Short gastric arteries
|Short gastric arteries|
The celiac artery and its branches; the stomach has been raised and the peritoneum removed. (Short gastric visible at center right.)
|Latin||arteriae gastricae breves|
|Supplies||Greater curvature of the stomach|
The short gastric arteries consist of from five to seven small branches, which arise from the end of the splenic artery, and from its terminal divisions.
They pass from left to right, between the layers of the gastrolienal ligament, and are distributed to the greater curvature of the stomach, anastomosing with branches of the left gastric and left gastroepiploic arteries.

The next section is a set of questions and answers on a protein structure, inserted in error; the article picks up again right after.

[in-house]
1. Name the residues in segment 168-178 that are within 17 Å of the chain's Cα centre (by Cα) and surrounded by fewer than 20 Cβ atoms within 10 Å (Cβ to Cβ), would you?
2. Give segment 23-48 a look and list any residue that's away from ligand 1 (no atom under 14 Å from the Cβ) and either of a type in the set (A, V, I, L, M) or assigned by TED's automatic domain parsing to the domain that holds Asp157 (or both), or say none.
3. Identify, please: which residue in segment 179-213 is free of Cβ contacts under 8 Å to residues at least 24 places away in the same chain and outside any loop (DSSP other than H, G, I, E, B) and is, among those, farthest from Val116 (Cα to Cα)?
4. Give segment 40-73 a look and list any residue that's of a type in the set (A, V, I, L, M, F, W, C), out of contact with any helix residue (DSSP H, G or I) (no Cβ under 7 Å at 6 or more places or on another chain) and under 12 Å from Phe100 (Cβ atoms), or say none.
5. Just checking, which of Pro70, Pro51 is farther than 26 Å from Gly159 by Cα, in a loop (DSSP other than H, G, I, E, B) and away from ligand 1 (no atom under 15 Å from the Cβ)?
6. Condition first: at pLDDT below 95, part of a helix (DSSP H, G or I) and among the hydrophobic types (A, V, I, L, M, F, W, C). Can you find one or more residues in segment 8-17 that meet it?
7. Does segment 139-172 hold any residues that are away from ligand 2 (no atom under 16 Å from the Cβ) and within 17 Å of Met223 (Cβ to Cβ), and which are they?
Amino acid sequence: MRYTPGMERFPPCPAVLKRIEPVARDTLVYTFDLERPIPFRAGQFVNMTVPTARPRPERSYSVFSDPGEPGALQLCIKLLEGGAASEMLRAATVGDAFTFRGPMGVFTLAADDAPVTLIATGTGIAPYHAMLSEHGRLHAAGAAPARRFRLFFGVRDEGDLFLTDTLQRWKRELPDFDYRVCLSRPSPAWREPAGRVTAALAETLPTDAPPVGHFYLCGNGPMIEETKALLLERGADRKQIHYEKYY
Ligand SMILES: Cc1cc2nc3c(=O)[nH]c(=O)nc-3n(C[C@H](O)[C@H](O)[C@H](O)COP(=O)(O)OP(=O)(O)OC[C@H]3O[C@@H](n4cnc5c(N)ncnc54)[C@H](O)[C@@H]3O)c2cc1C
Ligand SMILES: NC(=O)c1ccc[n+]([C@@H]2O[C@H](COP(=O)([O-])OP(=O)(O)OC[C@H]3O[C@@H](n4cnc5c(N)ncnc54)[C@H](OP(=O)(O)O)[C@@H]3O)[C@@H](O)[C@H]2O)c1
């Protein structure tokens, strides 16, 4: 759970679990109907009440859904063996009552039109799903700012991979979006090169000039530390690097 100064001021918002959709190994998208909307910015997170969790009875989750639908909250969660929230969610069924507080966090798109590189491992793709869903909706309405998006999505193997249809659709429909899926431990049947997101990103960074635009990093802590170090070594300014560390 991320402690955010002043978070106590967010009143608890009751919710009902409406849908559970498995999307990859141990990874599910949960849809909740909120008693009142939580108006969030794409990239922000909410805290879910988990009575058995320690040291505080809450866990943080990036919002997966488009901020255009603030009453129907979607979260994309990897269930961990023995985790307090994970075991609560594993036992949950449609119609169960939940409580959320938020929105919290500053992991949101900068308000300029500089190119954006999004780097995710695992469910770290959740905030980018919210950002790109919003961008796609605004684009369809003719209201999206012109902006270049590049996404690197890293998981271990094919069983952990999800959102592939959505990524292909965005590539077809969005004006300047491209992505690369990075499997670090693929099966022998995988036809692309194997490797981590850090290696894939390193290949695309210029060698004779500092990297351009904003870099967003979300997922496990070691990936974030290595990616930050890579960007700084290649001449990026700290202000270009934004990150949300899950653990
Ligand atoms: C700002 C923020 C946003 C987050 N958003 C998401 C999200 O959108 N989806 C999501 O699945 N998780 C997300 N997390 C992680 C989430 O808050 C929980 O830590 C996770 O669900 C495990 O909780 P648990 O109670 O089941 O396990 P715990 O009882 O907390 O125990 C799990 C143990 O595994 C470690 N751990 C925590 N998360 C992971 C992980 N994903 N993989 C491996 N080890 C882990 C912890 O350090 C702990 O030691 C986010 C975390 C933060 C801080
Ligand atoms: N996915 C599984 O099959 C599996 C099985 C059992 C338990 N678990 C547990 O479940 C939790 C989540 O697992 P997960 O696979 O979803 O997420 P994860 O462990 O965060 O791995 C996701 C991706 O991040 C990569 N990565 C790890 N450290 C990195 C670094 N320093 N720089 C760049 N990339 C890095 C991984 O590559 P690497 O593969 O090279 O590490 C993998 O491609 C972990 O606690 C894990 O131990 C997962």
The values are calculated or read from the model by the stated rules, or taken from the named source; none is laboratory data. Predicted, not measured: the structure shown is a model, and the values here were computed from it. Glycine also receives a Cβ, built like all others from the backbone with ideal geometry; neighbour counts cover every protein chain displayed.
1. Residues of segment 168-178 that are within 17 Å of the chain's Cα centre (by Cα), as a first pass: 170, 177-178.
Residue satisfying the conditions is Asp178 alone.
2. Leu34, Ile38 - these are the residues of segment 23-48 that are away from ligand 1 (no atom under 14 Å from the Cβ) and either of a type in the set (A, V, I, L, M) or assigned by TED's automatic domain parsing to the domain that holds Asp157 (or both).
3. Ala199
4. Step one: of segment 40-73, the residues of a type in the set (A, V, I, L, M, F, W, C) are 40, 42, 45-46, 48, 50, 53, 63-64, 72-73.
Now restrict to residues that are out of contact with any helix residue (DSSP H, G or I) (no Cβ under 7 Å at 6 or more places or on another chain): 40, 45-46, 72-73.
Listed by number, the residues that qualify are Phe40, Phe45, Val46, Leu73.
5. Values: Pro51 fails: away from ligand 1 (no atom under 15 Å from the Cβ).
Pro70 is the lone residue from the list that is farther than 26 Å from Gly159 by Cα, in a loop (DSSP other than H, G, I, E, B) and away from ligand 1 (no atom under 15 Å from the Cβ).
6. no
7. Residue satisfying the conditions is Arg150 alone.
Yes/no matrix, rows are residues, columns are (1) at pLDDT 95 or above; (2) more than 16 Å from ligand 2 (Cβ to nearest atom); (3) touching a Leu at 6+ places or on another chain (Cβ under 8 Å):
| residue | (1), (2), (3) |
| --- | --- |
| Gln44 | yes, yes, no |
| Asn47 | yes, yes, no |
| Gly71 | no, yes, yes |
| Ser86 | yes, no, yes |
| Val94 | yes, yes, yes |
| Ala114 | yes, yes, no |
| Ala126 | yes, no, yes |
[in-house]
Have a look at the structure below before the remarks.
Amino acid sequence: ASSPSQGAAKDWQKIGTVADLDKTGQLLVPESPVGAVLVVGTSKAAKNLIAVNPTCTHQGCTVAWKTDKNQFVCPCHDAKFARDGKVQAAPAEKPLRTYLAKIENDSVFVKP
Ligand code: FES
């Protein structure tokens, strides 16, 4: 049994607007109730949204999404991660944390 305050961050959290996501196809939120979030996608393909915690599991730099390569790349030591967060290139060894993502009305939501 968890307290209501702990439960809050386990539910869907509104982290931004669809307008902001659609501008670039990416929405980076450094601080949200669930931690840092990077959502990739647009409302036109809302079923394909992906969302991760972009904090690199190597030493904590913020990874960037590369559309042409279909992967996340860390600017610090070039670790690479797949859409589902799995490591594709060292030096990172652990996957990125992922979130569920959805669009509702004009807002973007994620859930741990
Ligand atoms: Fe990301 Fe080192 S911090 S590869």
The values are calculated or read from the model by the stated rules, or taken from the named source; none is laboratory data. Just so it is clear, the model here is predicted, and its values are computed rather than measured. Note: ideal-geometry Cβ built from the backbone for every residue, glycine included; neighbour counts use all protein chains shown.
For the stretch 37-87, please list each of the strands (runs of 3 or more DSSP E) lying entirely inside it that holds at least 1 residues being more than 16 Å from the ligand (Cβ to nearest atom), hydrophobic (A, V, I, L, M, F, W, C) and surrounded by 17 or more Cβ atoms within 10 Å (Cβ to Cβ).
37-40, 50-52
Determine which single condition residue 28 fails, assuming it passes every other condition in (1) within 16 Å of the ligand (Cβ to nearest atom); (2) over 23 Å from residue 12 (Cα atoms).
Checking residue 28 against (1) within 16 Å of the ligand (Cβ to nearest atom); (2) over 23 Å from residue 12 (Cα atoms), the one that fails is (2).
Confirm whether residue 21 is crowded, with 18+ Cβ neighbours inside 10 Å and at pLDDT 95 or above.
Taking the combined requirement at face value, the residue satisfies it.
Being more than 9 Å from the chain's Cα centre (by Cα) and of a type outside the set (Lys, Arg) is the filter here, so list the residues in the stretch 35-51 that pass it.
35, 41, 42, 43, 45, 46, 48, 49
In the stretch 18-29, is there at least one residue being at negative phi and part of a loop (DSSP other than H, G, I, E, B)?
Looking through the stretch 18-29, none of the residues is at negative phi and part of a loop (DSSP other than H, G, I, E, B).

Unlike the gastroepiploics and the left and right gastric arteries, the short gastric arteries have poor anastomoses if the splenic artery is blocked.
- Essential Clinical Anatomy. K.L. Moore & A.M. Agur. Lippincott, 2 ed. 2002. Page 150
- celiactrunk at The Anatomy Lesson by Wesley Norman (Georgetown University)
|This cardiovascular system article is a stub. You can help Wikipedia by expanding it.|